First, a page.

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Foods for Migraines: Food as the Cause

June 16, 2015

Recently, I have had the distinct pleasure of joining a select group of individuals known as “migraineurs”. Yes, there is a name for us. Most commonly found in, but not exclusive to middle aged women, migraines can be debilitating. Approximately one in every 4 women will experience a migraine. Prevalence peaks between early and middle adulthood and declines substantially after that.   

There are many environmental factors that can prompt a migraine. Weather changes, light, noise, fatigue, sleep, hormones, stress and nutrition all can have an impact on initiating a migraine. Eating behaviors and specific foods may begin the cascade of symptoms leading to the migraine.

Due to the lack of quality studies, the role of specific foods in causing migraines is debated by the experts, however, self-reported food triggers are second only to stress as the most cited cause of headache. In a study of 1207 people, 1 in 4 migraineurs reported food as a trigger for their pain.

There is strong evidence that other nutritional factors like vitamin or mineral deficiencies, celiac disease, gluten sensitivity, meal skipping, fasting, caffeine withdrawal, and dehydration can trigger migraines.

What’s a migraine sufferer to do?

Start with looking at meal timing. Fasting and skipping meals appears to be the most highly noted dietary modification that can trigger a migraine. Make sure you are eating every 3-4 hours and make mealtime a priority.

Stay well-hydrated.  Drink, drink, drink- good old water. According to the Dietary Reference Intakes (DRI) women require about 11 1/2 cups of fluid and men around 15 cups.  That includes all beverages and moisture in foods too. Taking food out of the equation and estimating just the amount of liquid you need from beverages—shoot for 9 cups for women and 12 ½ cups for men. To ensure adequate hydration, urine should look a pale light yellow.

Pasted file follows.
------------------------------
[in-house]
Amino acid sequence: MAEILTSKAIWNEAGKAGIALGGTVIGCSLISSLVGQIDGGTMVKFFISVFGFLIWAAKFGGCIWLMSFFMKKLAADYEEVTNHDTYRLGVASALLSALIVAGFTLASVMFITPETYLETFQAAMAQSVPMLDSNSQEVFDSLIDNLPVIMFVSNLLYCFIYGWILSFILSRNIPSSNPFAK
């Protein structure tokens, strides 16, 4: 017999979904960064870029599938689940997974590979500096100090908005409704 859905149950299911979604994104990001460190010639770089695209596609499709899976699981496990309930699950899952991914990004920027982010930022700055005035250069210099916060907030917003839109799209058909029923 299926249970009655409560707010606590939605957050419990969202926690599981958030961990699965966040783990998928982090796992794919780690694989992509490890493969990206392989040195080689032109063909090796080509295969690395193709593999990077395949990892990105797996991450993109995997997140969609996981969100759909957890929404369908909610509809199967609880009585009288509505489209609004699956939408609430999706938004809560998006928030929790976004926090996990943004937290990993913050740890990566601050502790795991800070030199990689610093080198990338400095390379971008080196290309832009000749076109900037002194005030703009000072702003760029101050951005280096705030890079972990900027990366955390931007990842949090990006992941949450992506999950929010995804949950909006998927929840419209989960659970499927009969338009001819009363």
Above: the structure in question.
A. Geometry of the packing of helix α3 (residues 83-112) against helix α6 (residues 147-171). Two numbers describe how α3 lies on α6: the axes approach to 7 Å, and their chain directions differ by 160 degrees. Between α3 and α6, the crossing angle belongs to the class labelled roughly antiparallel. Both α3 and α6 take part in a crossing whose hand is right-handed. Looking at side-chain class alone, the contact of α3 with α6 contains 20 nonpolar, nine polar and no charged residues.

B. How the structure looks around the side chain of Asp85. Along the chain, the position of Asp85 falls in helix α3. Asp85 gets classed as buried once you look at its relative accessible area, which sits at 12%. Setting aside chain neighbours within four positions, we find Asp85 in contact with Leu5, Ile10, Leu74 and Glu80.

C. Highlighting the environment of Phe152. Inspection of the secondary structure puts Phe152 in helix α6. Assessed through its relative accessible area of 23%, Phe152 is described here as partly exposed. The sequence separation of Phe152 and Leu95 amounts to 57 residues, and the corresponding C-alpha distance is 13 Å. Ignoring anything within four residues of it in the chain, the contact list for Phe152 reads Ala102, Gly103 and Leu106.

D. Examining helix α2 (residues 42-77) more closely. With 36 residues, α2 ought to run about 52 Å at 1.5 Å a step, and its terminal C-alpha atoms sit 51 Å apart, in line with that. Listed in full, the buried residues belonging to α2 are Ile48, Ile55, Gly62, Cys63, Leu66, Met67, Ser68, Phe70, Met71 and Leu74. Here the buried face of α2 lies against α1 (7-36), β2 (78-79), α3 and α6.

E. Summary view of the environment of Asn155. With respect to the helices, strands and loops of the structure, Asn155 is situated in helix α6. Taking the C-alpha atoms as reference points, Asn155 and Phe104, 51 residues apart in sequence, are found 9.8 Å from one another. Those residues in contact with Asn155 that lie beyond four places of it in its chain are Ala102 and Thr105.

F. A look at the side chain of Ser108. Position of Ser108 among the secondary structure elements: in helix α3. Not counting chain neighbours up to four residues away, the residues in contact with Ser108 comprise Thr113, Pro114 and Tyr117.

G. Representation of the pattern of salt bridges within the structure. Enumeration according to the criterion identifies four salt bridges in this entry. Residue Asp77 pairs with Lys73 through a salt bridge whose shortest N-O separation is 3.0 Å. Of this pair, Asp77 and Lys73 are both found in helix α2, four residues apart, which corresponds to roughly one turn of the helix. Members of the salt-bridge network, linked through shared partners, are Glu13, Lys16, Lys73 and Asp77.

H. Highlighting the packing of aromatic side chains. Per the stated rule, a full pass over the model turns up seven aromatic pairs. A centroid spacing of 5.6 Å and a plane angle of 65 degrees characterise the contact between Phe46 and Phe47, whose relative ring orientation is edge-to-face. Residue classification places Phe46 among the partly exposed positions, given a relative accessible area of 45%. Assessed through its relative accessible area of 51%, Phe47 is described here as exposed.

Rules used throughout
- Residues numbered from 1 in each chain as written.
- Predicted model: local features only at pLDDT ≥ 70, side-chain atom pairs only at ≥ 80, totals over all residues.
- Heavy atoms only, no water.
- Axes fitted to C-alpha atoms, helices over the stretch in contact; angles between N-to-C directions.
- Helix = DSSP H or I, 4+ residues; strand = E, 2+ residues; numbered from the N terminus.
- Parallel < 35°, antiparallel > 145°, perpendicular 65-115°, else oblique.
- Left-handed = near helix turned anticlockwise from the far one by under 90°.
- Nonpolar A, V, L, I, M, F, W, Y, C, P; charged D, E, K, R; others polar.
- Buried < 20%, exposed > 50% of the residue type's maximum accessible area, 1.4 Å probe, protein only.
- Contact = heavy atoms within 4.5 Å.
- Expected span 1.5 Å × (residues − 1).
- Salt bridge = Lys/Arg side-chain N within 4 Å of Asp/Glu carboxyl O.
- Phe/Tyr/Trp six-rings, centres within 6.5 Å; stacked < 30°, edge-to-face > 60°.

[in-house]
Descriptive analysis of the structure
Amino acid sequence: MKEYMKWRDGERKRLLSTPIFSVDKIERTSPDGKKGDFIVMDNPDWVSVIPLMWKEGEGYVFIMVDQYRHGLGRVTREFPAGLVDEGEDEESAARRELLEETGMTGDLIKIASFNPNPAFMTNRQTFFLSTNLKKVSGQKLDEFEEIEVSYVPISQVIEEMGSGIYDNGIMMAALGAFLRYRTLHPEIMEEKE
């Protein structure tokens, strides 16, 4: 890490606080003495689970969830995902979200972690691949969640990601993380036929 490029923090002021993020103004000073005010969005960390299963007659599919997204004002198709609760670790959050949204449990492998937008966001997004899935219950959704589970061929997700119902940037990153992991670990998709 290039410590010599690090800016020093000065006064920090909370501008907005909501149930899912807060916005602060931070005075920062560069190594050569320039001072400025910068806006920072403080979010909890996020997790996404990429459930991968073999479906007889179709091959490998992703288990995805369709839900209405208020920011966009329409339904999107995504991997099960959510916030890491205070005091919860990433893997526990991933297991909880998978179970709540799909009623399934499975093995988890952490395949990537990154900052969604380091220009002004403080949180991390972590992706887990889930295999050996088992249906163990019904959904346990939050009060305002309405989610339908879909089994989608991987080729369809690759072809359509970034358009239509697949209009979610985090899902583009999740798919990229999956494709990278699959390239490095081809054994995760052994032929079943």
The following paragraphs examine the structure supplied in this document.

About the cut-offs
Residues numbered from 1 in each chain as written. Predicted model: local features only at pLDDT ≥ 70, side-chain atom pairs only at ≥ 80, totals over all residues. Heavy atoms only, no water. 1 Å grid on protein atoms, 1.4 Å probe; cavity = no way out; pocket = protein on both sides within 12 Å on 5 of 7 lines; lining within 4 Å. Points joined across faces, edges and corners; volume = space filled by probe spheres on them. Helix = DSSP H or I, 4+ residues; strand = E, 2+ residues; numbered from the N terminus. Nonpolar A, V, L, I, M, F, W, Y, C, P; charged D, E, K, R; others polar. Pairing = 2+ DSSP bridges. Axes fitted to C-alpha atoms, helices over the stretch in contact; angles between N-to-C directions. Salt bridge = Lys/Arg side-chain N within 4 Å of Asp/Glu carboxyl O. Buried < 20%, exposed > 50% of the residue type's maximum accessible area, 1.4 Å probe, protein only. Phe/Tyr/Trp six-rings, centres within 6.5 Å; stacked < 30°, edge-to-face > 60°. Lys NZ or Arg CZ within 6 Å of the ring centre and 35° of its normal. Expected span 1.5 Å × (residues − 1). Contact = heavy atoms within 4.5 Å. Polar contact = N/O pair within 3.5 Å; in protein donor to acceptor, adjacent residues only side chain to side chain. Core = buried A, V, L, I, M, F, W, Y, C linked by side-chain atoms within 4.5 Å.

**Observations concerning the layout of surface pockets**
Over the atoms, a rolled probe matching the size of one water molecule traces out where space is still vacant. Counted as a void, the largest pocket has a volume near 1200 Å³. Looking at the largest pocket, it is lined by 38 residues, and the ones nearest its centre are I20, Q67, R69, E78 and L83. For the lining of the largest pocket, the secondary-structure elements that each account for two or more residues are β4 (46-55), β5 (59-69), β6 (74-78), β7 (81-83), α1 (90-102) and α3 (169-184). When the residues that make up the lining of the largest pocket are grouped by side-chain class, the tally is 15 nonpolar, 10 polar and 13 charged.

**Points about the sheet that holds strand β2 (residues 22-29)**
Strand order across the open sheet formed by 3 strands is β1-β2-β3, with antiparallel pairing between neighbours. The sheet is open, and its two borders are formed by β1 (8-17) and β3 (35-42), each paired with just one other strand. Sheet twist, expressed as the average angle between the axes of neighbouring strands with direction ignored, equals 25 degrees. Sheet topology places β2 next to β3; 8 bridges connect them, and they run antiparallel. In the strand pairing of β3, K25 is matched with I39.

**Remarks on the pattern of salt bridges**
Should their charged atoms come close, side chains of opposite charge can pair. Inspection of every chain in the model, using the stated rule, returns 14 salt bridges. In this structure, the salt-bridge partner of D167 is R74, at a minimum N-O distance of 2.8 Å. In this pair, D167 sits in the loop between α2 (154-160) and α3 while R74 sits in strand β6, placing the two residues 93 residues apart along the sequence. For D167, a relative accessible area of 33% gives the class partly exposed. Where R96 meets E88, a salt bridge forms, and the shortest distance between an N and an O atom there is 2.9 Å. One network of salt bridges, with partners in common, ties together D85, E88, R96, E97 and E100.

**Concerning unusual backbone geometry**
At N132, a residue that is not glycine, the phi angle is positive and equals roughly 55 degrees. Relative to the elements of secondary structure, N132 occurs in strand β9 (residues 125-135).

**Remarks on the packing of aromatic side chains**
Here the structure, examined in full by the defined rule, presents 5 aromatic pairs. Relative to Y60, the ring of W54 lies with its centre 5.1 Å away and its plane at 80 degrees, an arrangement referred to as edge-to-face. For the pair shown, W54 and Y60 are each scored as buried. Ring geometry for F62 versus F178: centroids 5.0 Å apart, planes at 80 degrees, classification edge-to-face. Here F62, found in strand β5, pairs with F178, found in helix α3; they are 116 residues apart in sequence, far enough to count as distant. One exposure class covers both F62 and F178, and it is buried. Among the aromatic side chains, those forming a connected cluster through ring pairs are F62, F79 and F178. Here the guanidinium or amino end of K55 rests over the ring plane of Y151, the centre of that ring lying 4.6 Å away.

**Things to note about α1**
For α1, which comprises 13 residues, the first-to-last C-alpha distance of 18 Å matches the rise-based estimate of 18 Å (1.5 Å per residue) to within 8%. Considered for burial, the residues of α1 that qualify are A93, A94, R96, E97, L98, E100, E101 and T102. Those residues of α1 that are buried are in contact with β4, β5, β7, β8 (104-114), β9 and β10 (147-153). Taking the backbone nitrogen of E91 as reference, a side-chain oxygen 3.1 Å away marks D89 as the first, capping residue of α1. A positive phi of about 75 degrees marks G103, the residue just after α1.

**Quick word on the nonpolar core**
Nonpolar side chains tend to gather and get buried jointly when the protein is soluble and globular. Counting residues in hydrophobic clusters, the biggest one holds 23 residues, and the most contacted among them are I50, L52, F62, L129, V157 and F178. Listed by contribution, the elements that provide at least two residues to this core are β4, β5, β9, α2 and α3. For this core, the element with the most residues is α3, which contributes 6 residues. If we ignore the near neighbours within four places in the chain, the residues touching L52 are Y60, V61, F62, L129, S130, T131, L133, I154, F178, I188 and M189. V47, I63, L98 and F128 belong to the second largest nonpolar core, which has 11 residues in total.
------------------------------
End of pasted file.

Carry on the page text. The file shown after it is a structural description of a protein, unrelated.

Keep a headache and food journal.  Try to identify foods that may be a trigger for you. Eliminate the food from your diet and see if the migraines persist. Do a self-trial by re-introducing the food back into your diet. It is the best way to confirm your suspicions.

Because the list of potential food triggers is long and the results are individualized and inconsistent, you do not have to avoid all the foods listed. Just be aware that the following foods are common triggers:

  •   Processed, pickled, marinated food
  •    Seafood
  •    Baked goods
  •    Dairy
  •    Chocolate
  •    Cheese
  •    Nuts
  •    Citrus fruits
  •    Meat/Processed meats
  •    MSG
  •    Aspartame
  •    Fatty foods
  •    Coffee/Caffeine
  •    Alcohol
Get tested.  Identify foods that cause a reaction in your body by testing for antibodies.  Antibodies are substances made by the body’s immune system in response to foreign substances.  Food sensitivities are found by testing for antibodies that trigger an immune response.  Some studies are looking at measuring antibodies in response to food.  Foods that trigger the immune response are removed from the diet. The results of the small studies are promising but inconclusive.